Civil Aviation Minister Mahesh Sharma on Thursday ruled out any immediate plan to hand over Air India to a private entity and said a group of experts would soon be set up for advising the government on a revival roadmap for the loss-making airline.
“At present this (privatisation of Air India) is not under discussions… Air India has to have certain social obligations at the time of crisis, at the times of war or natural calamity like the one in Uttarakhand… So you have to address all these issues,” he told reporters during an aviation summit here.
He said there were also connectivity issues to the remote and sequestered areas like Andaman and Nicobar Islands and Himalayan states (which is provided by Air India).
Industry experts have long been demanding privatisation of the national airline citing its huge losses and debt, which stand around Rs 38,000 crore and Rs 40,000 crore respectively.
The carrier is flying on a Rs 30,231 crore bailout package by the government, approved in 2012 under its revival plan. Under the plan, the government will infuse this amount over a period of nine years to turn around the airline.
The financial health of most of the domestic private carriers is also not good. Many of them have been reporting losses and are under debt.
The minister, however, said that he was not averse to hire an industry expert from the market to head the national carrier if the rules allow such a provision.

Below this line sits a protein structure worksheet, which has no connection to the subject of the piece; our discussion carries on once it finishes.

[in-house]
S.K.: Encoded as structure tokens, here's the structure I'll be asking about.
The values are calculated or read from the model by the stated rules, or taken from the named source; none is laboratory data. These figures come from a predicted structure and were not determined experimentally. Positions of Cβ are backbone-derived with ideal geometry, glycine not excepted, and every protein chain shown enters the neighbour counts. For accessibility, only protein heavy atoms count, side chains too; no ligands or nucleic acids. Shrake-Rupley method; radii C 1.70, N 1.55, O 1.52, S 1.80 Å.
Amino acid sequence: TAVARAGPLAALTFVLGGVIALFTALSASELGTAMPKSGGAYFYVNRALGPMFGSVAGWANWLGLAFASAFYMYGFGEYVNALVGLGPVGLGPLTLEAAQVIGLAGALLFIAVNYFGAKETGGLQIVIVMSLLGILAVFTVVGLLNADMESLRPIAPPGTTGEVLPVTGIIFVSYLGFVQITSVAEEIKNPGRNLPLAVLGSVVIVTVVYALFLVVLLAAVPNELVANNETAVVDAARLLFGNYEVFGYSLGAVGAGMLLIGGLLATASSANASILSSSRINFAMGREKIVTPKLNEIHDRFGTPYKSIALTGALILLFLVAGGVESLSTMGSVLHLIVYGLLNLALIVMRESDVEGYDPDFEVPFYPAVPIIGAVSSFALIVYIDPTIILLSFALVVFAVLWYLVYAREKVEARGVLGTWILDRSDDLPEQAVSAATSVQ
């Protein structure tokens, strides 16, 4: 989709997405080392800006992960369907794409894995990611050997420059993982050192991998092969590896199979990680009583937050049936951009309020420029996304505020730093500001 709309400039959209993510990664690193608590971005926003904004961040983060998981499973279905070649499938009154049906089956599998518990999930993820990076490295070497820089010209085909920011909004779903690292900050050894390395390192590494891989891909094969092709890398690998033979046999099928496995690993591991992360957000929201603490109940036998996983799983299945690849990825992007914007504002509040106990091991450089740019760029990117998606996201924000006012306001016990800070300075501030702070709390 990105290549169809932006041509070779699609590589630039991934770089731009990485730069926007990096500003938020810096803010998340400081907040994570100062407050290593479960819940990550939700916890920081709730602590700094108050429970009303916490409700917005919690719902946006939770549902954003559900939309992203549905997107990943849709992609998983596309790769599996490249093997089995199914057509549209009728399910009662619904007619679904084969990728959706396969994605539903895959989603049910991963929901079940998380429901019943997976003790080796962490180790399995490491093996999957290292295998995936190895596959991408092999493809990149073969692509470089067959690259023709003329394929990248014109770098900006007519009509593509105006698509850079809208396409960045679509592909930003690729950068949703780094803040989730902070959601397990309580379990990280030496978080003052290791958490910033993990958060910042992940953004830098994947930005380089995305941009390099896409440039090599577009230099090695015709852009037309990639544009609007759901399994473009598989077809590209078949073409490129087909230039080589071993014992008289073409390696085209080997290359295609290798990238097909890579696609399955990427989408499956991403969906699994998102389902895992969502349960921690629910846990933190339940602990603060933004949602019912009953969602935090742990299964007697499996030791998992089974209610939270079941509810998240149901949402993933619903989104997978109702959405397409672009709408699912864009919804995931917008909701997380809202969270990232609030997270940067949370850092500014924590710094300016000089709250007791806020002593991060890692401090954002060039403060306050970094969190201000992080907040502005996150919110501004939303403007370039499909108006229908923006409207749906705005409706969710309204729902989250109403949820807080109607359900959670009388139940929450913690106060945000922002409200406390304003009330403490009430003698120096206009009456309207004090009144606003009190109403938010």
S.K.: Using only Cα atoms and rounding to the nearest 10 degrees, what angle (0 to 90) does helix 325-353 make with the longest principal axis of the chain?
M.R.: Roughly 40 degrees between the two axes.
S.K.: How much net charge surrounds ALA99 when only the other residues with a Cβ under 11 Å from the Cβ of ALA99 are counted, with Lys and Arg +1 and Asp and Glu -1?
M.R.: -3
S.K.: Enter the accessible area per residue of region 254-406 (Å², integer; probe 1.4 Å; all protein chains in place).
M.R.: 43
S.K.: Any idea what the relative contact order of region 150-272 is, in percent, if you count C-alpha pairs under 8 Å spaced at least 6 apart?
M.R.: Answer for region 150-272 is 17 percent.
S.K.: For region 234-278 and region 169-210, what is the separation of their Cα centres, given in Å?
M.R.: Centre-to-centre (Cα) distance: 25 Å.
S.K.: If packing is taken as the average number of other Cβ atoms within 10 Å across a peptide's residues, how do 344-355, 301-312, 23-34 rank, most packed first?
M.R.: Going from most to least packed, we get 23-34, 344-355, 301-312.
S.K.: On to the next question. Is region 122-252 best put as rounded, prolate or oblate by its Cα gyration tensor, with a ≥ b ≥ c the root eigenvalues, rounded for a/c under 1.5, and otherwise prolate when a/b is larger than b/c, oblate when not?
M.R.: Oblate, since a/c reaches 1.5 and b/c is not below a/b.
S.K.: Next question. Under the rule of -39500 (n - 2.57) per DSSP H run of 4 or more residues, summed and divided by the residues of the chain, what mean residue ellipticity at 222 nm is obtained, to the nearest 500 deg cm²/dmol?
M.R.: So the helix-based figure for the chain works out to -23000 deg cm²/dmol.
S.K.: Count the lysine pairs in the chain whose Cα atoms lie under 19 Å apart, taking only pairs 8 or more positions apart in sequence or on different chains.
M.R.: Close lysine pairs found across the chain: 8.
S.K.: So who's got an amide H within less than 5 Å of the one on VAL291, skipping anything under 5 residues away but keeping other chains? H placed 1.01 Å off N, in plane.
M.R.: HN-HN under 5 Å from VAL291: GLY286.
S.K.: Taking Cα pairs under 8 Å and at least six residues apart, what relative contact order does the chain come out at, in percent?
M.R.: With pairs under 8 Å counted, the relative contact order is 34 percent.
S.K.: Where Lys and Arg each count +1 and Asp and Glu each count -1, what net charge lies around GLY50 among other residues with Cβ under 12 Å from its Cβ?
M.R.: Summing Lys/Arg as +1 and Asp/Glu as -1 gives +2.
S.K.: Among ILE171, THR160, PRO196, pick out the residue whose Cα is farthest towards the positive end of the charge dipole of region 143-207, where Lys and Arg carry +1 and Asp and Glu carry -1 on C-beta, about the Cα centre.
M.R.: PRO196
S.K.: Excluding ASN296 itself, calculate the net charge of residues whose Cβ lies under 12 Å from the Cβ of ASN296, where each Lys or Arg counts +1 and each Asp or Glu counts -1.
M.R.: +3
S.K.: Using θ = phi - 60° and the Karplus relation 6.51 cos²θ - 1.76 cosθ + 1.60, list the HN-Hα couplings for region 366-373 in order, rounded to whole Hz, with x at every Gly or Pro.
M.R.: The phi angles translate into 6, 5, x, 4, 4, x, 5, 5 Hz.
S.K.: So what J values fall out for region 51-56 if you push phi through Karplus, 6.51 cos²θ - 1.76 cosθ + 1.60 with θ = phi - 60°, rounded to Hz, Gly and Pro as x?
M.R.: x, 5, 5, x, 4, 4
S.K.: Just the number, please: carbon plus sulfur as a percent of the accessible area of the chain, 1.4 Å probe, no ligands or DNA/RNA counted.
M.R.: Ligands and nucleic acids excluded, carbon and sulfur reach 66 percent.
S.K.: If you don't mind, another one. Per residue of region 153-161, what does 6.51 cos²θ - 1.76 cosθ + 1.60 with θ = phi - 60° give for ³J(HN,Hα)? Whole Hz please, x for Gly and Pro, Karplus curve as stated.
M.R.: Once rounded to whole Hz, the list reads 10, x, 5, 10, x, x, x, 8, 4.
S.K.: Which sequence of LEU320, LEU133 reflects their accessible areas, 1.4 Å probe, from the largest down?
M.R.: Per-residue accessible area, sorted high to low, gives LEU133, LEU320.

“I am not against a private industry expert heading Air India,” he said.
Sharma said that the government would soon set up two advisory panels– one for Air India and another for the aviation industry– to take advisory inputs on several issues regarding the national carrier and also the aviation sector.
He said that the Government had short-listed a few names for the experts’ panel, which it had announced last month, adding, “We have short-listed names but we want to make it wider before finalising the list,” he said.
National carrier Air India has, on several occasion in the past, helped government in crisis situations, both within the country and abroad, despite the presence of more than half a dozen private carriers.
The largest evacuation in the history, in fact, was carried out by the state-run airline, when in 1990, the government airlifted over 1,70,000 Indians from Kuwait with the help of 488 flights in just 59 da